Kyle King, EPRIsolutions-Lenox
What causes lightning?
Thunderclouds form when the upper atmosphere contains cold, dense air and the lower atmosphere contains warm, moist air. As the warm air rises, the moisture condenses to form clouds, and the cold air descends. As the cycle repeats, friction between the liquid and frozen water particles builds electrical charges in the cloud. When the electrical charge is large enough, the air between the base of the cloud and ground will break down, allowing some of the charge to reach the earth below in what we know as a lightning stroke.
Is it possible to determine if lightning caused a power line outage?
Yes, by using data from the National Lightning Detection Network (NLDN), which was developed by EPRI, various universities, and government agencies over the past 20 years and is operated by Visala-GAI Inc. (formerly Global Atmospherics). The network records the location, precise time, and magnitude of the 20 million lightning strikes that hit the ground in the U.S. every year. By comparing historical lightning data from the NLDN with the time and location of particular disturbances, a utility can determine whether lightning was responsible.
In general, how does lightning affect power lines?
When lightning hits a power line, the surge of electricity can cause a flashover, and the appropriate corrective action depends on how flashover occurred.
A backflashover occurs when a lightning stroke hits a shield wire or a tower structure. When this happens, current flows in both directions and down the tower into the ground, developing a voltage on the crossarm sufficient to flash over the insulator string. A backflash is typically caused by large stroke currents, high tower surge impedances (tall towers) and/or high footing resistance.
A shielding failure can also cause a flashover. A much lower current lightning stroke may cause a line to flash over if the stroke hits the phase wire, bypassing the overhead shield wire. On high-voltage transmission lines, low-current lightning strokes generally cause shielding failures while the high-current strokes result in backflashovers of the tower to the phase conductors. On lower-voltage lines this distinction is not clear.
An induced flashover commonly occurs on sub-transmission and distribution lines when the impulse insulation level is below approximately 400 kV. In such cases a lightning stroke hits the ground near the line, or some other object near the right-of-way, without striking the line directly. The electromagnetic field resulting from the rapidly changing currents in the stroke can induce severe voltages on the phase conductors and cause flashovers on one or more of the insulators.
How can utilities protect power lines from flashovers?
There are four principal lightning mitigation measures:
“- Improving the shielding by adding or moving shield wires will reduce the number of shielding failures, and resulting flashovers, on a transmission line. A poorly placed shield wire can allow an excessive number of lightning strokes to hit the phase conductors and cause flashovers.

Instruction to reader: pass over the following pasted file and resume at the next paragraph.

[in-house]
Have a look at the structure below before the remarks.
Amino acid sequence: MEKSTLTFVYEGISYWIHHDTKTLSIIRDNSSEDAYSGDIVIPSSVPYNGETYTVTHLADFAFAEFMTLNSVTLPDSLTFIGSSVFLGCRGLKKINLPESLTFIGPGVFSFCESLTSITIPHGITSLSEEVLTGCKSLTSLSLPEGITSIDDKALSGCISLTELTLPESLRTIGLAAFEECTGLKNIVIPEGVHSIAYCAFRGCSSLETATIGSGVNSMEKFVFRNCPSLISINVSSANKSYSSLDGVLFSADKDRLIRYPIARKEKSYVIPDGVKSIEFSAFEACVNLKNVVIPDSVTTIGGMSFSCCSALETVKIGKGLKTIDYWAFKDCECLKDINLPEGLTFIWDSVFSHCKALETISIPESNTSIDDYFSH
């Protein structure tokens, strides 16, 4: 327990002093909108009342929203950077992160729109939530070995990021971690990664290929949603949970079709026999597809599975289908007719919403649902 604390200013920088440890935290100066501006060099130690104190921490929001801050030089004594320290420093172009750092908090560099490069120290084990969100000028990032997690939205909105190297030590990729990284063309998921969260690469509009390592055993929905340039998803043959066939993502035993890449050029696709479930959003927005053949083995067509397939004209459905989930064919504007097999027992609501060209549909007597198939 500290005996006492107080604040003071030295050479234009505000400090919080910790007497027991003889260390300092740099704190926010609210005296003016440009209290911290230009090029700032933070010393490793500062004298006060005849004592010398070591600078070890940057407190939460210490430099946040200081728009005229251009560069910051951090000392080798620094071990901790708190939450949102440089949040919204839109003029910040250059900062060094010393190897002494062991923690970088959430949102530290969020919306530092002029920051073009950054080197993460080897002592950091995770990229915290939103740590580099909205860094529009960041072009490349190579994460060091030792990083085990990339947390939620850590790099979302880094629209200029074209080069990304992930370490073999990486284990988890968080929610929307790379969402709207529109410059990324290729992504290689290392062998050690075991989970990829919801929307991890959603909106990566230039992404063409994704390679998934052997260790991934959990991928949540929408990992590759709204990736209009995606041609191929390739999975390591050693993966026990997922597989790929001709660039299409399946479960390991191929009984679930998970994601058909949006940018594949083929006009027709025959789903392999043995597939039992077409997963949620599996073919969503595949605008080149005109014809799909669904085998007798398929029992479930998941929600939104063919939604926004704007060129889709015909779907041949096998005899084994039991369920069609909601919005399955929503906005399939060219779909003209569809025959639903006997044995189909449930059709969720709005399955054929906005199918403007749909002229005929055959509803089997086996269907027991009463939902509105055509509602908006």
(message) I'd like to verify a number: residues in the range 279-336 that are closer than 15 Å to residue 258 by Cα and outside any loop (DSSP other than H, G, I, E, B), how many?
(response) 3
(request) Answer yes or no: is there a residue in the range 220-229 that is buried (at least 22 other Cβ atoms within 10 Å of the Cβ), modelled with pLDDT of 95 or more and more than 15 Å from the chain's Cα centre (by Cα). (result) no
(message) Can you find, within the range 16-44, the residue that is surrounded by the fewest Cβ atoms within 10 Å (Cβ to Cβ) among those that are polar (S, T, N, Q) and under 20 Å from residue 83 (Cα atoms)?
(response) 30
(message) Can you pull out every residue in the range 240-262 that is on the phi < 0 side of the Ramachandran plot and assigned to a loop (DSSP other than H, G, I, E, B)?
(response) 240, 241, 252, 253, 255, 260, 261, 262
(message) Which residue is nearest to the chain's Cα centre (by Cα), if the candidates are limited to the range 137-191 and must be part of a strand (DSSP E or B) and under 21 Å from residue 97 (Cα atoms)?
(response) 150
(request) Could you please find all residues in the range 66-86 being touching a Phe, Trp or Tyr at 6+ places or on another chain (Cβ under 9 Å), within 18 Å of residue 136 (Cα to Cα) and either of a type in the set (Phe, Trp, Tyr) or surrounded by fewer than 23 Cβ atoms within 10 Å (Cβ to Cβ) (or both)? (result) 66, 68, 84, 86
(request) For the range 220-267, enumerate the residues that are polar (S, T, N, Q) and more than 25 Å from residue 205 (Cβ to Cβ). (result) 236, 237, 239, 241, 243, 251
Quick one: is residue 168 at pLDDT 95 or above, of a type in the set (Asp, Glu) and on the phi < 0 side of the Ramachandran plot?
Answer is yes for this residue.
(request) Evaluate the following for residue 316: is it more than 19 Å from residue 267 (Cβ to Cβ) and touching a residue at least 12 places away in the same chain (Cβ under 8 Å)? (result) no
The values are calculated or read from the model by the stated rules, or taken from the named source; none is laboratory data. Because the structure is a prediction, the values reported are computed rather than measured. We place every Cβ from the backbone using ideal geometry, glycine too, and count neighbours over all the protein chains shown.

“- Improving tower grounding by reducing the ground impedance of a tower will lower the voltage developed on the structure when a lightning stroke hits the structure or shield wire. This lowers the crossarm voltage, which, in turn, reduces the insulation stress during a lightning event along with the number of backflashovers on the line. When soil resistivities are high, counterpoise, either continuous or radial, can be used to obtain acceptable footing impedances.
“- Increasing insulation on an existing transmission line can be difficult because there is not much room to significantly increase insulator length. Small increases in length will have little effect on shielding failure flashovers, but the improved insulation may have a significant effect on induced flashovers if the original insulator impulse insulation level is below approximately 400 kV.
“- Installing transmission line surge arresters (TLSA) to limit voltages between phase conductors and the tower structure can prevent lightning-related flashovers in both high-footing-resistance areas (backflash prevention) and poorly shielded designs (shielding failure prevention).
Utility engineers should be aware that taking corrective action to improve transmission line lightning performance without first determining the types of flashovers they are experiencing can result in a large expense with little improvement in performance.
How do you know which mitigation method is right for a particular line?
Absolute precision and accuracy are not possible in calculating power system lightning performance. Lightning ground stroke densities, and resulting flashovers, are statistical in nature and can vary significantly from year to year. The equations developed to calculate power system lightning performance only approximate complex physics and depend on accurate data to provide dependable results.
EPRI’s TFlash power line lightning calculation program, for instance, uses a traveling wave simulation to calculate voltage and current distributions on power systems caused by lightning. These results can be used to analyze relative performance of different line configurations and to identify problem areas where excessive lightning flashovers may occur along a line.
King is director of operations for EPRIsolutions Transmission and Distribution Engineering Center in Lenox, Mass. He may be contacted at firstname.lastname@example.org or at 413-448-2459. The Lenox Center is a 35-acre high-voltage/ high-current research and test facility for electrical transmission and distribution systems.